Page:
# H is a Hilber space

## Answer

a) The way to show this is to show that if $A$ is normal that then $\ker(A)=\ker(A^*)$ holds and then to show that $\ker(A^*) = \mathrm{im}(A)^\perp$ always holds. For the first part note that

$$x\in \ker(A) \iff \|Ax\|^2=0\iff\langle Ax,Ax\rangle =0$$

now for any $x\in H$:

$$\langle Ax,Ax\rangle = \langle x , A^*Ax\rangle \overset*= \langle x, AA^*x\rangle = \langle A^*x,A^*x\rangle = \|A^*x\|^2$$

where $*$ uses that $A^*A=AA^*$, ie that $A$ is normal. So we find:

$$x\in \ker(A) \iff \langle Ax,Ax\rangle = 0 \iff \|A^*x\|^2=0\iff x\in \ker(A^*)$$

so $\ker(A)=\ker(A^*)$. Now we show $\ker(A^*)=\mathrm{im}(A)^\perp$. First we check $\ker(A^*)\subseteq \mathrm{im}(A)^\perp$, so let $x\in\ker(A^*)$ and $z=Ay\in\mathrm{im}(A)$, then:

$$\langle x, z\rangle = \langle x, Ay\rangle = \langle A^*x,y\rangle = 0$$

since $A^*x=0$. So for any $x\in \ker(A^*)$ you have for all $z\in \mathrm{im}(A)^\perp$ that $\langle x,z\rangle=0$ and as such $\ker(A^*)\subseteq \mathrm{im}(A)^\perp$. Next we check $\mathrm{im}(A)^\perp\subseteq \ker(A^*)$, here suppose $x\in \mathrm{im}(A)^\perp$ then:

$$\|A^*x\|^2=\langle A^*x,A^*x\rangle = \langle x,A(A^*x)\rangle = 0$$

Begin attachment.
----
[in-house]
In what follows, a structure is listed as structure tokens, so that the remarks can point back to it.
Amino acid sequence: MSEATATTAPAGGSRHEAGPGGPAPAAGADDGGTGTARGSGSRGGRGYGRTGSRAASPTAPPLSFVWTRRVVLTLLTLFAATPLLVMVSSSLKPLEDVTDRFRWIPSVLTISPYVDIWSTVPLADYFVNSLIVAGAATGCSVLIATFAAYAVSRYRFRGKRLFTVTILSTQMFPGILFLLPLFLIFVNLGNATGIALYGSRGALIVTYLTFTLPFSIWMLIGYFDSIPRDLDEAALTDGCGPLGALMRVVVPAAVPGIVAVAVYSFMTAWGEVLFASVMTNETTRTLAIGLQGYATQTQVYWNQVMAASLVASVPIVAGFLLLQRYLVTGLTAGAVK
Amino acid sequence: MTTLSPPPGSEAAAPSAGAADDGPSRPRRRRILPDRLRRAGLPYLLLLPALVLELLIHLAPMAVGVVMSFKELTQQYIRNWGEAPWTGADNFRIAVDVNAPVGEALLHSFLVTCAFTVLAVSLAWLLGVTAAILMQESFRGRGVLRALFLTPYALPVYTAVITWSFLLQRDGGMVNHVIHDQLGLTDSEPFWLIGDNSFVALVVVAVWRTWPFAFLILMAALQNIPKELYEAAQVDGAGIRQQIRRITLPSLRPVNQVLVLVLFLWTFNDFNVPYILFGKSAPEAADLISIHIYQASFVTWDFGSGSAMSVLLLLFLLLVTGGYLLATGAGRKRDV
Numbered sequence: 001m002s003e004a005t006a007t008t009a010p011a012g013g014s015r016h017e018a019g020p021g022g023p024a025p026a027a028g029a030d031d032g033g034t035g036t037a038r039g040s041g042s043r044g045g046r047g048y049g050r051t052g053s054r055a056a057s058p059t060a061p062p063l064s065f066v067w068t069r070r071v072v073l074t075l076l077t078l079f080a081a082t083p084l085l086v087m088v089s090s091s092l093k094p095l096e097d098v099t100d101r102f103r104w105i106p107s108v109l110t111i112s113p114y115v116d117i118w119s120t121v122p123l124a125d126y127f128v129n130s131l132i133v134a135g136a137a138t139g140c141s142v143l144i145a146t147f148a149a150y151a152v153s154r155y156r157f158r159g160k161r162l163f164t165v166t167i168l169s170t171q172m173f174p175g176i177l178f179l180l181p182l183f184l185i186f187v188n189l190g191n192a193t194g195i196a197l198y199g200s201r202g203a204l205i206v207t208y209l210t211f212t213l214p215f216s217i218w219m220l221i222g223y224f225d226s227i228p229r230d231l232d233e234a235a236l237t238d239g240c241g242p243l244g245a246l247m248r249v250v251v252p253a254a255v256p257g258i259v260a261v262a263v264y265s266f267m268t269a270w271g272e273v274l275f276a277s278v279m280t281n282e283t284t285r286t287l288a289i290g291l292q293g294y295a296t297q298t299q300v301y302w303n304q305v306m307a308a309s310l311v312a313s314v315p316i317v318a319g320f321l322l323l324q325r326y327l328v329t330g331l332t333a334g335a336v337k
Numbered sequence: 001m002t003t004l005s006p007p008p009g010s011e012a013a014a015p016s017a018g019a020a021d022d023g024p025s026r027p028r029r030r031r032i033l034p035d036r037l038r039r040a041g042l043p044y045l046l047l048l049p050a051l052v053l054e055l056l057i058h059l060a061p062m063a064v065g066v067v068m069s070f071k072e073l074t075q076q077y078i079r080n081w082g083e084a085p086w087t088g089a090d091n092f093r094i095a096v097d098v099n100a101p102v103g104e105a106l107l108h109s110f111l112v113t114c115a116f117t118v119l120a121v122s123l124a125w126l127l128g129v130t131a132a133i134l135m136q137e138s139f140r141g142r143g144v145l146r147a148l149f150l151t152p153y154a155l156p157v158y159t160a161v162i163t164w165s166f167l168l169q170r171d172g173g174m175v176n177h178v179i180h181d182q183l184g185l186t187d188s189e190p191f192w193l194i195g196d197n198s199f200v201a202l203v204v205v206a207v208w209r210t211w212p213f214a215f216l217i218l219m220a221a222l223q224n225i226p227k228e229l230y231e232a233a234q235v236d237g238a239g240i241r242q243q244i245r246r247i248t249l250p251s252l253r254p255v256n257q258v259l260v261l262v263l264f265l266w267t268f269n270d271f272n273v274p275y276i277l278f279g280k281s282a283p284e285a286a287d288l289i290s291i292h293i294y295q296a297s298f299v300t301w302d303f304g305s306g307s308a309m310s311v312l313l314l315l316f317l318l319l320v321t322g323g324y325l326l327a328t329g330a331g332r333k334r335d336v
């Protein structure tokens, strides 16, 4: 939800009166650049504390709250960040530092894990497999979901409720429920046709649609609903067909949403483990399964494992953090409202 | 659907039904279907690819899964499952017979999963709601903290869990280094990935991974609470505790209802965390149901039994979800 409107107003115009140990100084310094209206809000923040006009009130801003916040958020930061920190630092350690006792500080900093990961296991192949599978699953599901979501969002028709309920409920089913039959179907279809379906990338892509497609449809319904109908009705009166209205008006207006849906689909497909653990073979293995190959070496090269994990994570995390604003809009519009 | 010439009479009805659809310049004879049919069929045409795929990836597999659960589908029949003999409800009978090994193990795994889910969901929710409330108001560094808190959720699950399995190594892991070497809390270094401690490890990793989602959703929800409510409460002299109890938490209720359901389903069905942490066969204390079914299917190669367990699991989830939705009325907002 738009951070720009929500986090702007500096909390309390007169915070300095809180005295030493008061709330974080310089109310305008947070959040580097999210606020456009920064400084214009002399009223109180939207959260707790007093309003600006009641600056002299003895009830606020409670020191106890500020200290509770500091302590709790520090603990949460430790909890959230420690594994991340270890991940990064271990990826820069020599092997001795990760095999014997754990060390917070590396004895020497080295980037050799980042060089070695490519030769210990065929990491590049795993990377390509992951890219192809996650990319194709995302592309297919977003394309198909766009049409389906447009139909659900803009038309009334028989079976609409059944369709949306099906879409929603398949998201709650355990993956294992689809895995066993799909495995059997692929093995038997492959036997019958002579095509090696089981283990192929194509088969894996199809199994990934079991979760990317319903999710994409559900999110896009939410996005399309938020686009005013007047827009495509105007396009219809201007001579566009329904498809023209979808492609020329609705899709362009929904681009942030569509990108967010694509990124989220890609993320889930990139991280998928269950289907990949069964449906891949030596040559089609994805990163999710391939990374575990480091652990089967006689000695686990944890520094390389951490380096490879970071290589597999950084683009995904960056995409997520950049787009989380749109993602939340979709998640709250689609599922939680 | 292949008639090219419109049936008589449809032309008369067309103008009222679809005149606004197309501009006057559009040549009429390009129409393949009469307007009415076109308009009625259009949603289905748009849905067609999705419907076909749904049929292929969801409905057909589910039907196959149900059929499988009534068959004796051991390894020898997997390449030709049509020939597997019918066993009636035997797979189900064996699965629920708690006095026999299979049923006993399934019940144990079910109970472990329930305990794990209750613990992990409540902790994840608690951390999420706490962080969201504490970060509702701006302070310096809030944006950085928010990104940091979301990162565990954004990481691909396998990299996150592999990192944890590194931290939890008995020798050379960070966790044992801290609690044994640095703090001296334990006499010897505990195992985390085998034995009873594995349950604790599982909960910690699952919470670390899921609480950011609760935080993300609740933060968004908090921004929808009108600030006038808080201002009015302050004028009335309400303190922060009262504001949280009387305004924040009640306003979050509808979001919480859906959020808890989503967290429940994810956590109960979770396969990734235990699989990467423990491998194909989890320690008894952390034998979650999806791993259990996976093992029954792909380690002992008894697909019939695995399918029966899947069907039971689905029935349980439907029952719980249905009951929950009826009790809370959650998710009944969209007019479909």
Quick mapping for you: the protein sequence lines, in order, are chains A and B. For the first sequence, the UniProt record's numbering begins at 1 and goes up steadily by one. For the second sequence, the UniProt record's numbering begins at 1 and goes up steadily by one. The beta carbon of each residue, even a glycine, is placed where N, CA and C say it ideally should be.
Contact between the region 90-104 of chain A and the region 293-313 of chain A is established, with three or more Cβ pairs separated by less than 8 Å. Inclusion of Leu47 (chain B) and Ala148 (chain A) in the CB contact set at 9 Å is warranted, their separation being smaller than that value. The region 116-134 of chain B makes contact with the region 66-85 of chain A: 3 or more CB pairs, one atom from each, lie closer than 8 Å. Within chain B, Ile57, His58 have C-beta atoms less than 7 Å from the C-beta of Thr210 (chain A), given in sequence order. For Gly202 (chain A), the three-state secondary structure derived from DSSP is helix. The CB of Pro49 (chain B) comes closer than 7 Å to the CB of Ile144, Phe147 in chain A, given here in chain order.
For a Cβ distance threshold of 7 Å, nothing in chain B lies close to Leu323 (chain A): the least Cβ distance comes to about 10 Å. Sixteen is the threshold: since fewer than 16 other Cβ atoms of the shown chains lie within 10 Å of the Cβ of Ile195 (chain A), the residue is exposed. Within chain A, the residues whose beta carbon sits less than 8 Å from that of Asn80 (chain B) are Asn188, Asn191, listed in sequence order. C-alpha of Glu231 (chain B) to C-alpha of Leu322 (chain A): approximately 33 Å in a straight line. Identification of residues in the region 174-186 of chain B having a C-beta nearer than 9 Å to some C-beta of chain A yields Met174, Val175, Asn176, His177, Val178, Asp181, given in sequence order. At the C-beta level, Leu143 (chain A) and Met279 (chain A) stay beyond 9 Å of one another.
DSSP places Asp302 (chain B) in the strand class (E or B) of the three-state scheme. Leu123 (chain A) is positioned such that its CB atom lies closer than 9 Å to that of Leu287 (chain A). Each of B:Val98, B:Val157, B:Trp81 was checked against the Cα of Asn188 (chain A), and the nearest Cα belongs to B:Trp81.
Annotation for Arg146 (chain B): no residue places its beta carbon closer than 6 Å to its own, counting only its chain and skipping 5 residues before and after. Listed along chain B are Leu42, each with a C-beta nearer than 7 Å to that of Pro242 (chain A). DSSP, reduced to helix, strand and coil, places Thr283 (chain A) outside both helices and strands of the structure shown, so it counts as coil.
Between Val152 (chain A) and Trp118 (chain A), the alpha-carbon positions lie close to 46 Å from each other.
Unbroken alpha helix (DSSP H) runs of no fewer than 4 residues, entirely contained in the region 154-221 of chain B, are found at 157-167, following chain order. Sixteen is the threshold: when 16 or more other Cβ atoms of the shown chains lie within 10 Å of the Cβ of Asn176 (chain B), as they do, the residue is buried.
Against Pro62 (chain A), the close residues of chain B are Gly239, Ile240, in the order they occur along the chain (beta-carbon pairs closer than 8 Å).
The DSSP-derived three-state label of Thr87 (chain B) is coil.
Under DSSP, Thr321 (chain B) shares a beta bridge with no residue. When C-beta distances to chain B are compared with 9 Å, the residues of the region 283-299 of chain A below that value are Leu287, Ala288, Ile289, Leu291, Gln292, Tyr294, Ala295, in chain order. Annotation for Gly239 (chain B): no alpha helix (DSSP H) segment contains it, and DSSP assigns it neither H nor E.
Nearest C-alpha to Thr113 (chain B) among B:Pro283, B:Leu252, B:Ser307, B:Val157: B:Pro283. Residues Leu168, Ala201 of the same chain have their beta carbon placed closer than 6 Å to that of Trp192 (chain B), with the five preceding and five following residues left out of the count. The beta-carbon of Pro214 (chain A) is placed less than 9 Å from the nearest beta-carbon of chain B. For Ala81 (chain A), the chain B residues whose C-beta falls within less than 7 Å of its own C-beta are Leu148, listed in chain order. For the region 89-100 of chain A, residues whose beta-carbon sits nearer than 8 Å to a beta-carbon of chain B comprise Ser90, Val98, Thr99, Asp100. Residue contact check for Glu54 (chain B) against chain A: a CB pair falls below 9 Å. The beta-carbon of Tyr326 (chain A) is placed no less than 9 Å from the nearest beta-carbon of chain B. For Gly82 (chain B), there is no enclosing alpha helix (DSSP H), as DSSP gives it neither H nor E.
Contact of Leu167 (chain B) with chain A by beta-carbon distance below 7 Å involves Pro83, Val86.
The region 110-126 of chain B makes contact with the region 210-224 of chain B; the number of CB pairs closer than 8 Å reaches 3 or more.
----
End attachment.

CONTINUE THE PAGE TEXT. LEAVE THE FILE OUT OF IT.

since $A(A^*x)\in\mathrm{im}(A)$. Then necessarily $A^*x=0$ and $x\in\ker(A^*)$, giving $\mathrm{im}(A)^\perp\subseteq \ker(A^*)$.

So we have seen:

$$\ker(A)=\ker(A^*)=\mathrm{im}(A)^\perp$$

(b) This question is incomplete since its not clear what $h$ is. I think two situations are likely:

1. $h$ is a typo and should not appear in the question.

2. $h\in\Bbb K$ is some scalar.

Now if $h$ is a typo then you can "remove it" from the question by taking $h=1$ from point 2. As such I will simply assume that $h$ is some scalar in the base field and prove it for that case - if the question does not have any $h$ in it (ie the $h$ is a typo) then just take $h=1$ in what follows.

We will use the closed graph theorem, ie we will show that if $x_n\in H$ is a sequence so that $x_n\to x$ and $B x_n\to z$ for some $x,z\in H$ then $Bx=z$. This means that the graph of $B$ is closed - since $B$ has domain $H$ (ie a Banach space) the closed graph theorem gives that $B$ must be a bounded operator.

So let $y\in H$, one has:

$$\lim_n\langle B x_n,y\rangle = \langle \lim_n B x_n, y\rangle = \langle z,y\rangle$$

and also

$$\lim_n \langle B x_n, y\rangle = \lim_n \langle h x_n,By\rangle =\langle \lim_n hx_n,By\rangle = \langle hx,By\rangle = \langle Bx,y\rangle$$

so for all $y\in H$ one has $\langle Bx,y\rangle = \langle z,y\rangle$, ie

$$0=\langle Bx,y\rangle-\langle z,y\rangle = \langle Bx -z ,y\rangle$$

and then for $y=Bx-z$ you get

$$0=\langle Bx-z,Bx-z\rangle = \|Bx-z\|^2$$

and $Bx=z$. By the discussion above this verifies that $B$ has closed graph and since $B$ has domain all of $H$ we get that $B$ is bounded.

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